By Published on .

WASHINGTON-Pizza Hut, McDonald's Corp. and a TV spot that never aired landed smack in the middle of the national healthcare debate last week.

U.S. Sen. Ted Kennedy (D., Mass.) on Friday said he would summon Pizza Hut President Allan Huston here to explain why the PepsiCo subsidiary pays workers' health insurance abroad but not in the U.S. He also claimed Pizza Hut pressured network affiliates here not to air a TV spot attacking Pizza Hut for the same thing.

The TV spot and a page ad scheduled to appear in the July 17 New York Times and Washington Post were from the pro-Clinton Healthcare Reform Project. The coalition accused Pizza Hut and McDonald's of providing better healthcare to employees abroad than to U.S. workers.

Pizza Hut, McDonald's and much of the restaurant industry oppose healthcare reform proposals that include mandatory employer payments.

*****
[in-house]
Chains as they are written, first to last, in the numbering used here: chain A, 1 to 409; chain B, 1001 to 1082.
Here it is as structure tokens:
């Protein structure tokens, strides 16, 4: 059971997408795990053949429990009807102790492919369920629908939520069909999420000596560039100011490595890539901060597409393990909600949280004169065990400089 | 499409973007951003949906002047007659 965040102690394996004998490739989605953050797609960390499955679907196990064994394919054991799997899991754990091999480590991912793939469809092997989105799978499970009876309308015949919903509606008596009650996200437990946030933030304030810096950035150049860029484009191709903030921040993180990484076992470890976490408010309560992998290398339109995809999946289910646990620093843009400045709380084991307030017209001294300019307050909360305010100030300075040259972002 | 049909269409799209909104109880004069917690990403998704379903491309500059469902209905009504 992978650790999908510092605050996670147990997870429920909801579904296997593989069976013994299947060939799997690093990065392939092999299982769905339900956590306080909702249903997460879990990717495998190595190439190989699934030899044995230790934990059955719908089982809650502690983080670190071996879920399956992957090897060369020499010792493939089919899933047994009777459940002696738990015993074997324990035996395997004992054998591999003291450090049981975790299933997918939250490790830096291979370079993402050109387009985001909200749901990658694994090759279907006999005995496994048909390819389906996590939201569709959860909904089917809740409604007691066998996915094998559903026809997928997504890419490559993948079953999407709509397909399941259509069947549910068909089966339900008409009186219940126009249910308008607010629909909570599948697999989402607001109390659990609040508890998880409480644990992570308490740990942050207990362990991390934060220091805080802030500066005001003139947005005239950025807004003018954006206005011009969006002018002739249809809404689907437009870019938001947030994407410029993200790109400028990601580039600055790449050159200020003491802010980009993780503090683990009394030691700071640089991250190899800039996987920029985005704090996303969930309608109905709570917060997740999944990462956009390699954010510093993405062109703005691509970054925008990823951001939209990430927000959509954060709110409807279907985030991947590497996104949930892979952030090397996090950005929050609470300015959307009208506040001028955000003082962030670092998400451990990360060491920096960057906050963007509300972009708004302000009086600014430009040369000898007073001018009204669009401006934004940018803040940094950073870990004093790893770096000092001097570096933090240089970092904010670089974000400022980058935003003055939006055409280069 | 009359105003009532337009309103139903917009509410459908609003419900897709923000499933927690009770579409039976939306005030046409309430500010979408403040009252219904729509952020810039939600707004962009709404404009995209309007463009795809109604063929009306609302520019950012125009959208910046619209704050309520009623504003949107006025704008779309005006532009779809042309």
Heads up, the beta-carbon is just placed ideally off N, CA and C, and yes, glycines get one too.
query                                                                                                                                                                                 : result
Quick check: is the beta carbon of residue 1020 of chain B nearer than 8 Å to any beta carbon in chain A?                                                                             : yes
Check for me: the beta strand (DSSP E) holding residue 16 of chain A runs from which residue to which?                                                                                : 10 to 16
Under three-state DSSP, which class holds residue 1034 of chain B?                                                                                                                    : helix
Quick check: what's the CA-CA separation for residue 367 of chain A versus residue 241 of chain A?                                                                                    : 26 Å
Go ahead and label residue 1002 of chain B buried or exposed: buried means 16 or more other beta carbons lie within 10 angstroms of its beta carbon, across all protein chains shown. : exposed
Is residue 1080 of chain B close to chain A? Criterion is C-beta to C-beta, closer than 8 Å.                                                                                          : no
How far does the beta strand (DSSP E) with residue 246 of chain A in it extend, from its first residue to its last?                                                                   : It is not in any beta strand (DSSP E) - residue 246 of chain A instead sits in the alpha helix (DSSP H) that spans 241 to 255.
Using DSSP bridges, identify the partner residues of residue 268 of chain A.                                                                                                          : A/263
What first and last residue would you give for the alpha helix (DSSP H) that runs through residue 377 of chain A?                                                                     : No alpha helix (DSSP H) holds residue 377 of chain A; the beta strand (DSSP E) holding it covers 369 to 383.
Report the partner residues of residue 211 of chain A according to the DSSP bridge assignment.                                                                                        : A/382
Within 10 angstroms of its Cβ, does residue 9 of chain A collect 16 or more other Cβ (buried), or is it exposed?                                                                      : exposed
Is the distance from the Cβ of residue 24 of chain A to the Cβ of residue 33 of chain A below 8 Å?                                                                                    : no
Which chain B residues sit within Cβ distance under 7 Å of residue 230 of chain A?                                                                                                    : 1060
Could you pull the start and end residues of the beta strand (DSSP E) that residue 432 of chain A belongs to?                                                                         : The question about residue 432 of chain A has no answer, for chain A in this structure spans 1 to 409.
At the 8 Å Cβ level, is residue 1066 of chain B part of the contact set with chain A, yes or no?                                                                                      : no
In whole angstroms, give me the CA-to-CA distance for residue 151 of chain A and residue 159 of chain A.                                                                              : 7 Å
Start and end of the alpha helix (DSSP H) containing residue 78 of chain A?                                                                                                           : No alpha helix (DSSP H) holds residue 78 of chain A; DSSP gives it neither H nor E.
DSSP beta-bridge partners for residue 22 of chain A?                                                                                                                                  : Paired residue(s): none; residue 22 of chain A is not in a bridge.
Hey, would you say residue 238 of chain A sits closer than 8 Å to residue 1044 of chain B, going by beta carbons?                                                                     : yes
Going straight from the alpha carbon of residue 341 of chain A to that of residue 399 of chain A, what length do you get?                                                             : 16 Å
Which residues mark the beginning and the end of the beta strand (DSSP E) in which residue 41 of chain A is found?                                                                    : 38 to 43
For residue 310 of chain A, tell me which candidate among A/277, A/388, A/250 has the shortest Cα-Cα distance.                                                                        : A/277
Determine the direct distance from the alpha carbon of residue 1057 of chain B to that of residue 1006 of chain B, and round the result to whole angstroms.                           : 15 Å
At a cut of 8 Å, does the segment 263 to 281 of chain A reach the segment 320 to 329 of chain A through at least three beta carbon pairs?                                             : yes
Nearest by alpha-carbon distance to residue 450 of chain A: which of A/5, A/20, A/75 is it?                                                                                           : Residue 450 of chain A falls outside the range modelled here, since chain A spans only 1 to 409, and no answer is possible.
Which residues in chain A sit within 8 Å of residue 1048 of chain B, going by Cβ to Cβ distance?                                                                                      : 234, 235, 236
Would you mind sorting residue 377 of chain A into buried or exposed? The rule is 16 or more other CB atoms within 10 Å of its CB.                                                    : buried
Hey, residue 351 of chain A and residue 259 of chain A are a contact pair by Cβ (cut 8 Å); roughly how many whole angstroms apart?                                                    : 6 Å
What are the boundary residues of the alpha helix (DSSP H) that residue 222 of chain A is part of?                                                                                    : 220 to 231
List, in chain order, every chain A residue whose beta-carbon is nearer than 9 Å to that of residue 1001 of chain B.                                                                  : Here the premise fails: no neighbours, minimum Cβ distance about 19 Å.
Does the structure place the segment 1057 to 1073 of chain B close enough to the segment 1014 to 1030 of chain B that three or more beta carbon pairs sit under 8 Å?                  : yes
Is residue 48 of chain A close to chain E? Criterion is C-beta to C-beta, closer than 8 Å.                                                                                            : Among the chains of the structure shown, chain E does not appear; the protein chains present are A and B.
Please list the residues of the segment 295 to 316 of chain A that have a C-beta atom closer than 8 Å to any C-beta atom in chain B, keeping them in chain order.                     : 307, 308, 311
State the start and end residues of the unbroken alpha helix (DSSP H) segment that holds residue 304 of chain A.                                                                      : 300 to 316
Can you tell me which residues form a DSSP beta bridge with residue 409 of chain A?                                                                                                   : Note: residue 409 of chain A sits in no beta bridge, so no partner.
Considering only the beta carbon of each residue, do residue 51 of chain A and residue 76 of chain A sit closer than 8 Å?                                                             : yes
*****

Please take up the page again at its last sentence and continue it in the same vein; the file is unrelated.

The 30-second spot claimed that "for many workers in America, Pizza Hut pays no health insurance."

Pizza Hut, in a written defense, threatened legal action against the group's agency, Chlopak, Leonard & Schechter.

Also last week, the Group Health Association of America broke its first TV healthcare spot, featuring a Vermont doctor. The $1 million campaign, encompassing CNN and network news, was produced by Greer, Margolis, Mitchell & Burns, which handled President Clinton's presidential campaign advertising.

Most Popular
In this article: